Dollar and Yen Heavy, Equities Trade Higher and Bonds Lower

The US dollar is sporting a softer profile against most of the major and
emerging market currencies. 
The Japanese yen is the main
exception.  The greenback is rising against the yen for the fourth session
and the sixth of the past seven.  The dollar’s gains against the yen
coincide with the 10-12 bp recovery in the US 10-year yields over the past ten

The latest uptick in US yields, with the 10-year yield trying to
re-establish a foothold above 2.30%, may have been spurred by the strong
reiteration by the US Treasury Secretary that extra-long maturity is being analyzed.
   Mnuchin has
been saying this for some time, but yesterday’s comments seemed to be a
strengthening of the likelihood that a 50-year bond will be issued.  Reports have suggested that
primary dealers are less enthusiastic and are concerned about liquidity and
costs.  Mnuchin is more interested in the appeal of locking in low rates
longer.  Other countries, including Canada, France, Switzerland, and the
UK have issued 50-year bonds.  The US did to
the Panama Canal over a century ago. 

At the end of March, which also marked the end of Japan’s fiscal year,
the US dollar reached a high of JPY112.20. 
Today it is edged through
there.   The JPY112.15 area also corresponds with the 38.2% retracement of the dollar’s decline since the
high near JPY118.60 on January 3.  The trend line connecting that January
high and the March 10 high near JPY115.50 comes in now near JPY113.10. 
There is a large (~$1.1 bln) option struck that JPY111.80 that expires

The eurozone manufacturing PMI ticked down to 56.7 from 56.8 flash reading and  56.2 in March. 
It is a new multi-year high, helped by employment and order backlog.  The
French and German readings were unchanged from the flash estimate.  It’s reading of 56.2 was a little above expectations and above March’s
55.7.  It is also a new multi-year high.  Spain’s manufacturing PMI
rose to 54.5 from 52.9.  It snapped a two-month decline.   

However, the survey data has been running ahead of real sector
  Last week, the US, UK, and France reported Q1 17 GDP
estimates and each was below expectations.  The eurozone reports its estimate tomorrow.  The Bloomberg median
calls for a 0.5% increase, which would leave the year-over-year pace steady at
1.7%.  We note that the despite the increase in the employment
sub-component to its best level in six years, the region’s overall unemployment
rate in March disappointed by being unchanged at 9.5%.  That said, a year
ago it was at 10.2%.  

The euro continues to chop in the upper half of its $1.0850-$1.0950
  A $1.10 strike, estimated at 1.4 bln euros, expires today and
tomorrow the $1.0925 strike sees 1.0 bln euros roll-off.  Our reading of
the near-term technicals does not rule
out a move to $1.10 or even a bit through it.  However, the technical
indicators are getting stretched. 

The UK surprised with an exceptionally
strong manufacturing PMI.  It rose to 57.3 from 54.2 and is the highest in
three years.
  Most expected a slightly softer report.  Forward-looking new orders rose to 60.7 from
56.1, which is its best showing since January 2014.  The BOE meets next week, and it will likely put more emphasis on
the services reading.  Last week, the UK reported Q1 GDP of 0.3%, which

Sterling recovered from a three-day low near $1.2865 on the news but is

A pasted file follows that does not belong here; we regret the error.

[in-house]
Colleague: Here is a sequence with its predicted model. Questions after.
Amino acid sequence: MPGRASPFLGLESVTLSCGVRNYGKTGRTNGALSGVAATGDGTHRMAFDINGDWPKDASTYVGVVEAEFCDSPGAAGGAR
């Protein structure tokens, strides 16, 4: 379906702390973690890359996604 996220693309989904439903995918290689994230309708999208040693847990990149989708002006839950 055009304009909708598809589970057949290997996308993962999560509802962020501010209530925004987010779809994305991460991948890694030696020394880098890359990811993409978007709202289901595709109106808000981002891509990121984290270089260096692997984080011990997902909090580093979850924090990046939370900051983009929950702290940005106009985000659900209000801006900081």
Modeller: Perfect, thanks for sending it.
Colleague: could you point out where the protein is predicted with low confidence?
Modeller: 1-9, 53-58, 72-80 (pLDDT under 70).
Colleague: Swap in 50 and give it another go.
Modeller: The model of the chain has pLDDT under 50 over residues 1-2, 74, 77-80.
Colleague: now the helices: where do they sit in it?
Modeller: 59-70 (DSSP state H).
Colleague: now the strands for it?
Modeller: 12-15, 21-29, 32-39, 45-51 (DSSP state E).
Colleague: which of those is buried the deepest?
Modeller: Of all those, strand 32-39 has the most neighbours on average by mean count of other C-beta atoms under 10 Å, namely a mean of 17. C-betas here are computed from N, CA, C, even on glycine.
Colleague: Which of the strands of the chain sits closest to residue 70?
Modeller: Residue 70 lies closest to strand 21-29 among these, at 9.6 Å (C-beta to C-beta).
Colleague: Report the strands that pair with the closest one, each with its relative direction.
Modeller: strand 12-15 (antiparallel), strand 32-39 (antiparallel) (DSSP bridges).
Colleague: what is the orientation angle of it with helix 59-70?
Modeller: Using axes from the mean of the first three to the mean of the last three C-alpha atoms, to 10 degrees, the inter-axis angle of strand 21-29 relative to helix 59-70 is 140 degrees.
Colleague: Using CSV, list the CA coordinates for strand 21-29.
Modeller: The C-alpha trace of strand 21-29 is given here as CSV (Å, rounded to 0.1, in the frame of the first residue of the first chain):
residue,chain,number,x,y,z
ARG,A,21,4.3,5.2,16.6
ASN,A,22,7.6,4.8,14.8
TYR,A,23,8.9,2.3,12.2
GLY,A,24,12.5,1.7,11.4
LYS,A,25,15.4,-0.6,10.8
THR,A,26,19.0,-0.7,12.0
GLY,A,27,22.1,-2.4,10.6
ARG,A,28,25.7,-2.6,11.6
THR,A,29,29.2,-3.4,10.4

barely poked
through $1.29.
  Resistance in the $1.3000-$1.3055
area is expected to be formidable and spurring some caution.  Here too the
technicals are getting stretched, but a marginal new high cannot be ruled
out.  The euro is recovering from a test on GBP0.8400 at the end of last
week and yesterday and appeared to find offers as its approached GBP0.8500 and
a downtrend line drawn from the end of March high. 

As widely expected the Reserve Bank of Australia kept policy unchanged
Many economists still think the RBA will have to ease monetary policy later
this year.  The RBA shows little sign of moving in that direction. 
Instead, it appears to be putting more hope on fiscal policy.  An
infrastructure plan will likely be unveiled
at next week’s budget.  It may include rail and road projects and a second
airport.     The Australian dollar initial extended yesterday’s gains
but lost momentum around $0.7550.  This area corresponds with the 38.2% retracement of the decline from the March 21 high near $0.7750.  The
$0.7600 area is the 50% retracement and the high from late April.  

Lastly, we note that Greece and the official creditors appear to have
reached a tentative agreement. 
Greece has to approve a few
concessions, including another pension cut and increase in the tax-free
threshold, and open more shops on Sunday in
order to
get another payment for which it turns over the bulk of which
to the official creditors.  Again, we are struck by who is really being bailed out, and without debt
relief, it is the creditors, not
debtors.  And as if to drive the point home, Markit noted that all the EMU
countries it surveys for the PMI showed an increase in manufacturing but
Greece.  The IMF still is not participating with fresh funds, though the German
and Dutch parliaments seemed to have its participation as key criteria

The US reports auto sales figures today.  A strong recovery from
the weather-depressed March pace (16.53 mln)
is expected, with domestic producers gaining market share.  The FOMC meets
tomorrow, and it is expected to be uneventful.  The ADP jobs estimate will
also be reported tomorrow.  It was off by a mile last month, and this may dampen interest in
tomorrow’s report.

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